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Implementing Search Result Pagination in a Web Application

  • August 24, 2007
  • By Vlad Kofman
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Middle-Tier-Driven Pagination Algorithm

Modern frameworks and database drivers allow efficient in-memory traversal of data on the application server level or middle-tier level. I would not recommend this approach for large data sets. However, because this approach could be combined with the caching solution on the application server, it should be considered for small to medium data sets. Depending on the nature of the business requirements, this solution could be used for "rigid" searches, where users have no control of the query parameters and are forced to use pre-defined criteria, such as a shopping category.

If many users can request an identical search query (and the result is not in the millions of rows or changes very often), it makes sense to select the whole result set from the database and pre-cache it in the application server's memory. Subsequent queries would not result in expansive database hits, and will be served very quickly from the application server's memory.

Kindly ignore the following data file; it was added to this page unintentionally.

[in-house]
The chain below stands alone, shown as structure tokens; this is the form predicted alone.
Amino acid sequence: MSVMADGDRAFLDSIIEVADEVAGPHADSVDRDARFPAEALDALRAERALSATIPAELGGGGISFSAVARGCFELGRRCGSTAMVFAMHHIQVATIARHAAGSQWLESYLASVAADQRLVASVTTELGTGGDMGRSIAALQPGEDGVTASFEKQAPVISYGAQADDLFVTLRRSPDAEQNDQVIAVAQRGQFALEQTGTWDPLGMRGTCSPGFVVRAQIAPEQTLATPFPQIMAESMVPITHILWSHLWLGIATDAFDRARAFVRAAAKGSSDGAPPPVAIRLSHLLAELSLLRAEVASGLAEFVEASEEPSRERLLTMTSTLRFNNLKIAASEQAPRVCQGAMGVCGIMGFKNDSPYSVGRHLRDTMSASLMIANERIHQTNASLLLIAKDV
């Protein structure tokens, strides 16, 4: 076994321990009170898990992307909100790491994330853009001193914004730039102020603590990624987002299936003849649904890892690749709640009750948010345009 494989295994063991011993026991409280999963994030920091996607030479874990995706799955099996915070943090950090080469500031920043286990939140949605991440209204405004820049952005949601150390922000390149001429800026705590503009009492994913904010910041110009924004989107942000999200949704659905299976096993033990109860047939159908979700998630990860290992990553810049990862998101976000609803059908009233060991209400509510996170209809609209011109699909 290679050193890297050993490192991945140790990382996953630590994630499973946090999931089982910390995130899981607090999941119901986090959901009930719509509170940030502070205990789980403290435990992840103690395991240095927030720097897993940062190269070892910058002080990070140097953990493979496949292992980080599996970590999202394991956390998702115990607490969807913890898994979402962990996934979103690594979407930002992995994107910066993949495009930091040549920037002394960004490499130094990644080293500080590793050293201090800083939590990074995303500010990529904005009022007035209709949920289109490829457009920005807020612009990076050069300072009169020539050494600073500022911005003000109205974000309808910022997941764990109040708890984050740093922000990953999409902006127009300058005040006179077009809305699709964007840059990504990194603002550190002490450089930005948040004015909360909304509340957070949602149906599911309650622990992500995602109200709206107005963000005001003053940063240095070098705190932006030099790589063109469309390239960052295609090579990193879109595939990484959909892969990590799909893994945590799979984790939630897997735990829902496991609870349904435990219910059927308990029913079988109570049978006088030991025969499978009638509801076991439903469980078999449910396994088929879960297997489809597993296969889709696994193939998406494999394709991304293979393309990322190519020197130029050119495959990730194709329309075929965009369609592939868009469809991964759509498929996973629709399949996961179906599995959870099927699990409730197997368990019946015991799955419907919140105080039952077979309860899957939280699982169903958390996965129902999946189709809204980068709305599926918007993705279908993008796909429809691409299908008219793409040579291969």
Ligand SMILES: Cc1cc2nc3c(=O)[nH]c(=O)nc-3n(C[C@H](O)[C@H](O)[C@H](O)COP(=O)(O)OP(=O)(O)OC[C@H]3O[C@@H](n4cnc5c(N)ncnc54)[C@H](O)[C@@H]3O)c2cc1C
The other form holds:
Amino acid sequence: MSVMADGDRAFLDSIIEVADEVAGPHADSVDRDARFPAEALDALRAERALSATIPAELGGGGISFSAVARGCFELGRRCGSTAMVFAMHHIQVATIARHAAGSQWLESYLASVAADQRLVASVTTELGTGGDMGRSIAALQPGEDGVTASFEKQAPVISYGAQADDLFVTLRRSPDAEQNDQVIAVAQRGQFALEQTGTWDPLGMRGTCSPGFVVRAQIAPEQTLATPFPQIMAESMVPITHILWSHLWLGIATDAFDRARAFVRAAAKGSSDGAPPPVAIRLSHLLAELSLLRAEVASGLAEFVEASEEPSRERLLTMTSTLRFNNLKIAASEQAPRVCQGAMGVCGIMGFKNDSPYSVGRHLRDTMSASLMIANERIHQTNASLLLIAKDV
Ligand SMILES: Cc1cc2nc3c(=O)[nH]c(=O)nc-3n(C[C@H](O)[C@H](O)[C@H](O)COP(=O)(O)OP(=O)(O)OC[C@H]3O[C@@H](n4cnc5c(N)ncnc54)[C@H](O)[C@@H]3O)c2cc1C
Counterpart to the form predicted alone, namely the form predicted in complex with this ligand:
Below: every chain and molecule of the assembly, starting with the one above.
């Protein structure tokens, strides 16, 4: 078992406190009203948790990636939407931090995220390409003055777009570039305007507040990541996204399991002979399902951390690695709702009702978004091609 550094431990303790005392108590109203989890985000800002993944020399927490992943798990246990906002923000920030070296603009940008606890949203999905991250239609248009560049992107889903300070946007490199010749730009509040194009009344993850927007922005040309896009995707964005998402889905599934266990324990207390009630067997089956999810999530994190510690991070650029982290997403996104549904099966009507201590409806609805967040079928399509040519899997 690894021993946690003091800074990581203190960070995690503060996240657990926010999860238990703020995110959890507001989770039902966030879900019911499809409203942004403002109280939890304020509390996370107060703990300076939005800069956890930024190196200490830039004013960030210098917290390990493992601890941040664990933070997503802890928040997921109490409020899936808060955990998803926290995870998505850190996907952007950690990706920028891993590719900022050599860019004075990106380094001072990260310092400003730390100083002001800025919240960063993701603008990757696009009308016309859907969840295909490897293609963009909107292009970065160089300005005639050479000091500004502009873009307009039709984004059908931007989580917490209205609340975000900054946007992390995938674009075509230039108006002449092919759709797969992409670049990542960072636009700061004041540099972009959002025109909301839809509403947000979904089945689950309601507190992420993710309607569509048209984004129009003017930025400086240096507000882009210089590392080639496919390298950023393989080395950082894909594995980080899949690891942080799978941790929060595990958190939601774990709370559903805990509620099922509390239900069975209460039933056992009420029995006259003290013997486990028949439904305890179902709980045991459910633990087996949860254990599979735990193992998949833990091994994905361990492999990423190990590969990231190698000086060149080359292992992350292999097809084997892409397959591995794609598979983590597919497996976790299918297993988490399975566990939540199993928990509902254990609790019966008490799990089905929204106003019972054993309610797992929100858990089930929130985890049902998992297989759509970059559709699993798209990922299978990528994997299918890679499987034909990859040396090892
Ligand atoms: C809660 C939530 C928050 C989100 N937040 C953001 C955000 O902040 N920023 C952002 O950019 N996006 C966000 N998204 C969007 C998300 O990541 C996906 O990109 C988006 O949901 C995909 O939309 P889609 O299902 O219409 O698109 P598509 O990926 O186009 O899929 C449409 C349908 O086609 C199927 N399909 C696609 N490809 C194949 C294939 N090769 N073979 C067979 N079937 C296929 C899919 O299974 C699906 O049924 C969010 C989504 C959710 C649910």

Here is the overview diagram of the second approach to the algorithm for pagination:



Click here for a larger image.

Front-End Pagination Algorithm

This approach is the third way to implement pagination, but it is very inefficient and should not be used unless some specific business rule demands it. Front-end pagination is done entirely on the front-end side, in the client's browser. Typically, it uses JavaScript or some other client-side technology. The entire result set is brought to the client via a response object, and manipulated visually to create clickable pages, by hiding and showing rows (or HTML elements representing them). Depending on the size of the result set, this approach's initial request will always take time equal to the time it takes to query for the entire set of data. But, subsequent page clicks will be fast, and depend on the client's hardware. Note that if the result is large, it can take a while to download the first time around; in the worst case, it can hang the browser.

Here is the overview diagram of the third approach:

Generating Page Links

After choosing the best approach to retrieve the result set and traverse it, the application needs to create the actual page links for users to click. Below is a generic function pseudo-code, which should work with any server-side technology. This logic should reside in your application, and will work with both database-driven and middle-tier pagination algorithms.

The function takes three (3) parameters and returns HTML representing page links.

The parameters are query text, staring location row number, and total number of the result set rows. The algorithm is clever enough to generate appropriate links based on where the user is in the navigation path.

Note: I set the default of 50 rows per page, and a page window to 10. This means that only 10 (or fewer) page links will be visible to the user.




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